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A witness to atomic history: Island Park veteran recalls risky service


For roughly 20 years after his discharge, lifelong Island Parker Henry “Mickey” Hastava said he received form letters from the U.S. Army asking him to contact them in the event he started showing symptoms.

Anything from radiation sickness to cancer, they wanted to know about, because for eight months of his two-year stint in the service, Hastava, 81, had stared into the atomic blasts, without protection, recording statistics such as light levels and temperature, and the length and height of the explosions as the waves of heat washed over him.

It was 1958 on the southeastern edge of the Eniwetok Atoll, in what is now the Marshall Islands, where Hastava was stationed during the tail end of the Pacific Proving Grounds nuclear tests of the late 1940s and ’50s. In that year alone, 35 atomic weapons were unleashed on various uninhabited strips of soil and sand captured from the Japanese in World War II, including the Bikini atoll roughly 200 miles to the east, as part of Operation Hardtack I.

Despite the distance, Hastava recalls seeing the halos of light from Bikini’s hydrogen bomb tests — the most powerful ever unleashed — as they peeked over the horizon. Although he was witnessing the most destructive weapons ever devised, at the time, he said, “I didn’t think too much of it.”

Sitting in the kitchen of his stately Suffolk Road home, nervously fingering his flip phone, Hastava was helping organize his local Veterans of Foreign Wars involvement in Island Park’s upcoming Memorial Day parade. He was considering using his car, driving a handful of disabled veterans who would be otherwise unable to march, but if the VFW managed to rent a van, Hastava said, he wouldn’t have to.

The five-bedroom home where he lives with his wife of 56 years, Marie, was recently raised and overlooks the waterfront. Picturesque but empty — it lacks furniture in many rooms because the couple intend to sell — the house matched in some ways Hastava’s description of Eniwetok, where the native inhabitants were forcibly removed ahead of the tests.

“There was nothing,” he said of the landscape of sand and palm trees surrounded by thousands of miles of water on all sides. Army staff there lived in tin shacks with barracks-style toilets, and he said, “The food was lousy.”

Hastava had been drafted while taking night classes in chemical engineering at Hofstra University. Figuring he was good with numbers, Hastava assumed, the Army made him a specialist fourth-class statistician, and he was tasked with recording weapon performance statistics and handling the Army payroll on the side.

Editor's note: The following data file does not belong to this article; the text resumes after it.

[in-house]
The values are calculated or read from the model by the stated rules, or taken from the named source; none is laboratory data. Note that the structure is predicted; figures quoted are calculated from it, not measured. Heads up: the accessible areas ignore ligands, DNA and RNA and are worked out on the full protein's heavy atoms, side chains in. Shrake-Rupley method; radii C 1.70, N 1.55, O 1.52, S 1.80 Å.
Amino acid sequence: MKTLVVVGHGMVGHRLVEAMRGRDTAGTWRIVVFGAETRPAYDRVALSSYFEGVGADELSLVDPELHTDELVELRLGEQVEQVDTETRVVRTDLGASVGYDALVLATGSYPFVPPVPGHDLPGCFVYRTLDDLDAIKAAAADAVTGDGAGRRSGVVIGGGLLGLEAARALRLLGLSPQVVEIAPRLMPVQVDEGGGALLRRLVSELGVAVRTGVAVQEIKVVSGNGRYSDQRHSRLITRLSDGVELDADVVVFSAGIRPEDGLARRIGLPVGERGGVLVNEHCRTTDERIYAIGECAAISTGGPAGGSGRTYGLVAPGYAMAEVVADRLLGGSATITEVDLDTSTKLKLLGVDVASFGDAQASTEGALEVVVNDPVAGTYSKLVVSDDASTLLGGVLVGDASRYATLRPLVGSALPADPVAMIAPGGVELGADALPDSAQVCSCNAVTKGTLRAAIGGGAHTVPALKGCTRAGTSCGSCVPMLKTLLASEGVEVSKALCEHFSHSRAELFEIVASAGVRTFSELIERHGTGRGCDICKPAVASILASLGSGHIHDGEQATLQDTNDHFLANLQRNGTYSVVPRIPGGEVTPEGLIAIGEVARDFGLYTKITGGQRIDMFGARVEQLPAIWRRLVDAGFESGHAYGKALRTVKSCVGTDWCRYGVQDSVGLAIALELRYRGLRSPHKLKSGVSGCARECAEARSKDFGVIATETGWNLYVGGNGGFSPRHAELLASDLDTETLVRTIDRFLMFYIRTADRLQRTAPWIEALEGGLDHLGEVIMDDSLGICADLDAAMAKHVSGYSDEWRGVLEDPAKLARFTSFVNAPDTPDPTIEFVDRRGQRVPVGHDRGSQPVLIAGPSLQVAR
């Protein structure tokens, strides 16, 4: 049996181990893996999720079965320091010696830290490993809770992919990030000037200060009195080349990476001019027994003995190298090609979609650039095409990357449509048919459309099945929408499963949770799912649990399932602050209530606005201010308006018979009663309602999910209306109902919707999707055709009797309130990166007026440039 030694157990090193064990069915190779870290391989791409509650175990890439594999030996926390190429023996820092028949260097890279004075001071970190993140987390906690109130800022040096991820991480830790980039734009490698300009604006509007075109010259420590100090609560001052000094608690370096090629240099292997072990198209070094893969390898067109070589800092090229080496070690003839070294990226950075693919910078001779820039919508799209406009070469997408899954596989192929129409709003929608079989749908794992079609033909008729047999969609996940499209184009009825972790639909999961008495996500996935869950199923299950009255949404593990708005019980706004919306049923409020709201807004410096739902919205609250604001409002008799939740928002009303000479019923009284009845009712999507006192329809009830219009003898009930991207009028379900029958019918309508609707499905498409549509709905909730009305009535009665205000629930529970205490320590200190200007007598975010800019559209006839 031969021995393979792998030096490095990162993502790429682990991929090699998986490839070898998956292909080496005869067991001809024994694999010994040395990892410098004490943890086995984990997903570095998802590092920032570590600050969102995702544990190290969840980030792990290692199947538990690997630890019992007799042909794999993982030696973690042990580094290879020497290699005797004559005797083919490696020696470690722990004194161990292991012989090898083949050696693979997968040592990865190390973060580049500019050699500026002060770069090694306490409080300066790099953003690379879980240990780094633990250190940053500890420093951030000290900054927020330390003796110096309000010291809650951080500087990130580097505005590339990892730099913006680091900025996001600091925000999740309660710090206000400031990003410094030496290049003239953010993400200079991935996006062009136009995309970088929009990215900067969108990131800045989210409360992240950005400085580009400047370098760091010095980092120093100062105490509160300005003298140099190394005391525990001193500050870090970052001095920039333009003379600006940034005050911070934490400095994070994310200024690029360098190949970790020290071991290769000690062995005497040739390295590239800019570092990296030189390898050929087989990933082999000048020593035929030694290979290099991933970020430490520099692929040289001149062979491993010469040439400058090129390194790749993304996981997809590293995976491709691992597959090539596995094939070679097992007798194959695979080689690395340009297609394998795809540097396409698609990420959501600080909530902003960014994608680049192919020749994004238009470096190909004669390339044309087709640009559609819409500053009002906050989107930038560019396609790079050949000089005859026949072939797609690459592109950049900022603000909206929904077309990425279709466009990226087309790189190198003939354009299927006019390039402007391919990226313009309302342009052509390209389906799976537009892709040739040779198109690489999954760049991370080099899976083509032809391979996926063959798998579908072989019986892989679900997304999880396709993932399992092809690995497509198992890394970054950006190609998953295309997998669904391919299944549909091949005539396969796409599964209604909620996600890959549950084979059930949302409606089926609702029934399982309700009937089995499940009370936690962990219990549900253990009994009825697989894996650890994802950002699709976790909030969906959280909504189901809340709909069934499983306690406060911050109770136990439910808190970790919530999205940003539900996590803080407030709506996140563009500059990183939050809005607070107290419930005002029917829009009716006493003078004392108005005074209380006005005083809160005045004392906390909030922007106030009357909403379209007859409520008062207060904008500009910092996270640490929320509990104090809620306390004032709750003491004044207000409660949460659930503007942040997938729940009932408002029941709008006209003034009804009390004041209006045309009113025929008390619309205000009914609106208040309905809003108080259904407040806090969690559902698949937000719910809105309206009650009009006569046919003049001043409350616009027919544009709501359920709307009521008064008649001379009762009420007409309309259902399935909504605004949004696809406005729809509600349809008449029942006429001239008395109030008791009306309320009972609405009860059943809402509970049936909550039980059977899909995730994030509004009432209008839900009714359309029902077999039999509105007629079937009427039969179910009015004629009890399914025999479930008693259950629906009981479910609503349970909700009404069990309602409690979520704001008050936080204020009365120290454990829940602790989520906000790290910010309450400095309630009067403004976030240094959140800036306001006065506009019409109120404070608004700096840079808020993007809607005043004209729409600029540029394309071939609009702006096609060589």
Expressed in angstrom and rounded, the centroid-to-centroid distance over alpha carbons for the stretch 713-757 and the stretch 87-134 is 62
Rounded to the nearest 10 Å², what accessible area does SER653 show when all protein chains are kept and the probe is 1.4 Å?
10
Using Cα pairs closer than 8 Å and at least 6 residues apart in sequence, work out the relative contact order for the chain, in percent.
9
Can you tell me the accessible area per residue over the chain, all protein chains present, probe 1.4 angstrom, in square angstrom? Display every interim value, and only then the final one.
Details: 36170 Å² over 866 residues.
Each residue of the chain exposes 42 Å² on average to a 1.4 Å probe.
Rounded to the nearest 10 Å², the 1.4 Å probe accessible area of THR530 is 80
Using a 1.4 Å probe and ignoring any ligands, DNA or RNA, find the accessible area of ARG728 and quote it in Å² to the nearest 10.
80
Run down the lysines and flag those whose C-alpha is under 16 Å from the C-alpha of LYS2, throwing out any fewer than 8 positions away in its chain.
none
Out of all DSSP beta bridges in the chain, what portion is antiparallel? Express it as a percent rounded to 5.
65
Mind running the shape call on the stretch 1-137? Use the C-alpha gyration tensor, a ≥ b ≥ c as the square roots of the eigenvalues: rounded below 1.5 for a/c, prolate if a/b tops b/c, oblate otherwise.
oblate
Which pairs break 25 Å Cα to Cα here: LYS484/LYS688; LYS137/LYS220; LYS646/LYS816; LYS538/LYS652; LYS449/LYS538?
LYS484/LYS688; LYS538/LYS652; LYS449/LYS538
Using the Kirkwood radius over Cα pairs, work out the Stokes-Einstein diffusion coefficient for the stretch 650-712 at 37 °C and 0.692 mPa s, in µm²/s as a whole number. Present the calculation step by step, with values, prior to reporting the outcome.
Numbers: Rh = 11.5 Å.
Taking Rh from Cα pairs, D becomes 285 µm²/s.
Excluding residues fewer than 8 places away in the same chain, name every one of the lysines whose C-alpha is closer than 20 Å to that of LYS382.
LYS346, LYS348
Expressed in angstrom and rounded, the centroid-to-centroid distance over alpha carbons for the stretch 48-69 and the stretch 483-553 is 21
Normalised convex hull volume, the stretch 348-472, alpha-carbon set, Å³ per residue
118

After Eniwetok, he was shipped to the Aberdeen Proving Grounds in Maryland, where he was responsible for measuring the effectiveness of guns on artillery pieces and early-model Patton tanks. He also recorded the failure and attrition rates of the gun crews training there, which earned him a letter from a superior commending his work — one of the few records of his service remaining after Hurricane Sandy swept through his home.

Life on base in Aberdeen was much easier than Eniwetok, he recalled. There was a neighborhood nearby with restaurants, so, he said, “I didn’t have to eat Army food all the time.” Plus, he joked, “The girls loved us there.”

After his discharge in 1960, Hastava resumed his studies in chemical engineering, receiving his degree in 1967. He never used it, though, because when he returned to Island Park his uncle Rudy Hastava hired him to work at his insurance and real estate firm. Mickey later assumed ownership of the business. “It worked out better financially,” he said. His office still sits on Long Beach Road, currently run by his two sons.

Hastava met Marie by chance, he said, and added that he tells his children, jokingly “how close they came to not existing.” After returning from a business trip in 1961, he recalled trying to meet a waitress he knew at a bar in Oceanside, but staff there told him that she had been asked to work at the Blue Candle, in Baldwin, that night instead.

So Hastava made the short trip, and while he waited in walked Marie Niedermann — a Levittown native working in Garden City, also in insurance — stopping by to drop a coat off for her friend. She caught his eye, Hastava said, and he asked her to dance. “That’s how it all began,” she said. They were married the next year. “I’m very blessed,” she said of their life together. The couple have two sons and six grandchildren.

Hastava recalled the changes over the years in Island Park: the development of Barnum and Harbor islands, and the conversion of local homes from summer bungalows to winter houses. He learned to drive on Harbor Isle — a field at the time. Now it is covered with residential homes.

He started his own travel agency business, running concurrently with his insurance firm, in the late 1970s, and currently hosts travel tours for seniors with Marie. Additionally, he served as Island Park Chamber of Commerce’s president for 16 years. “I guess nobody wanted the job,” he joked.

Hastava also served as a trustee on the Island Park village board from 2005 to 2014. He still goes to nearly every meeting, rarely asking questions or speaking to others. He said he just wants to see how the current administration is continuing programs that he helped establish during his tenure, such as the summer programs for students at Masone Beach. When asked why he sticks around, he replied simply, “I have an interest.”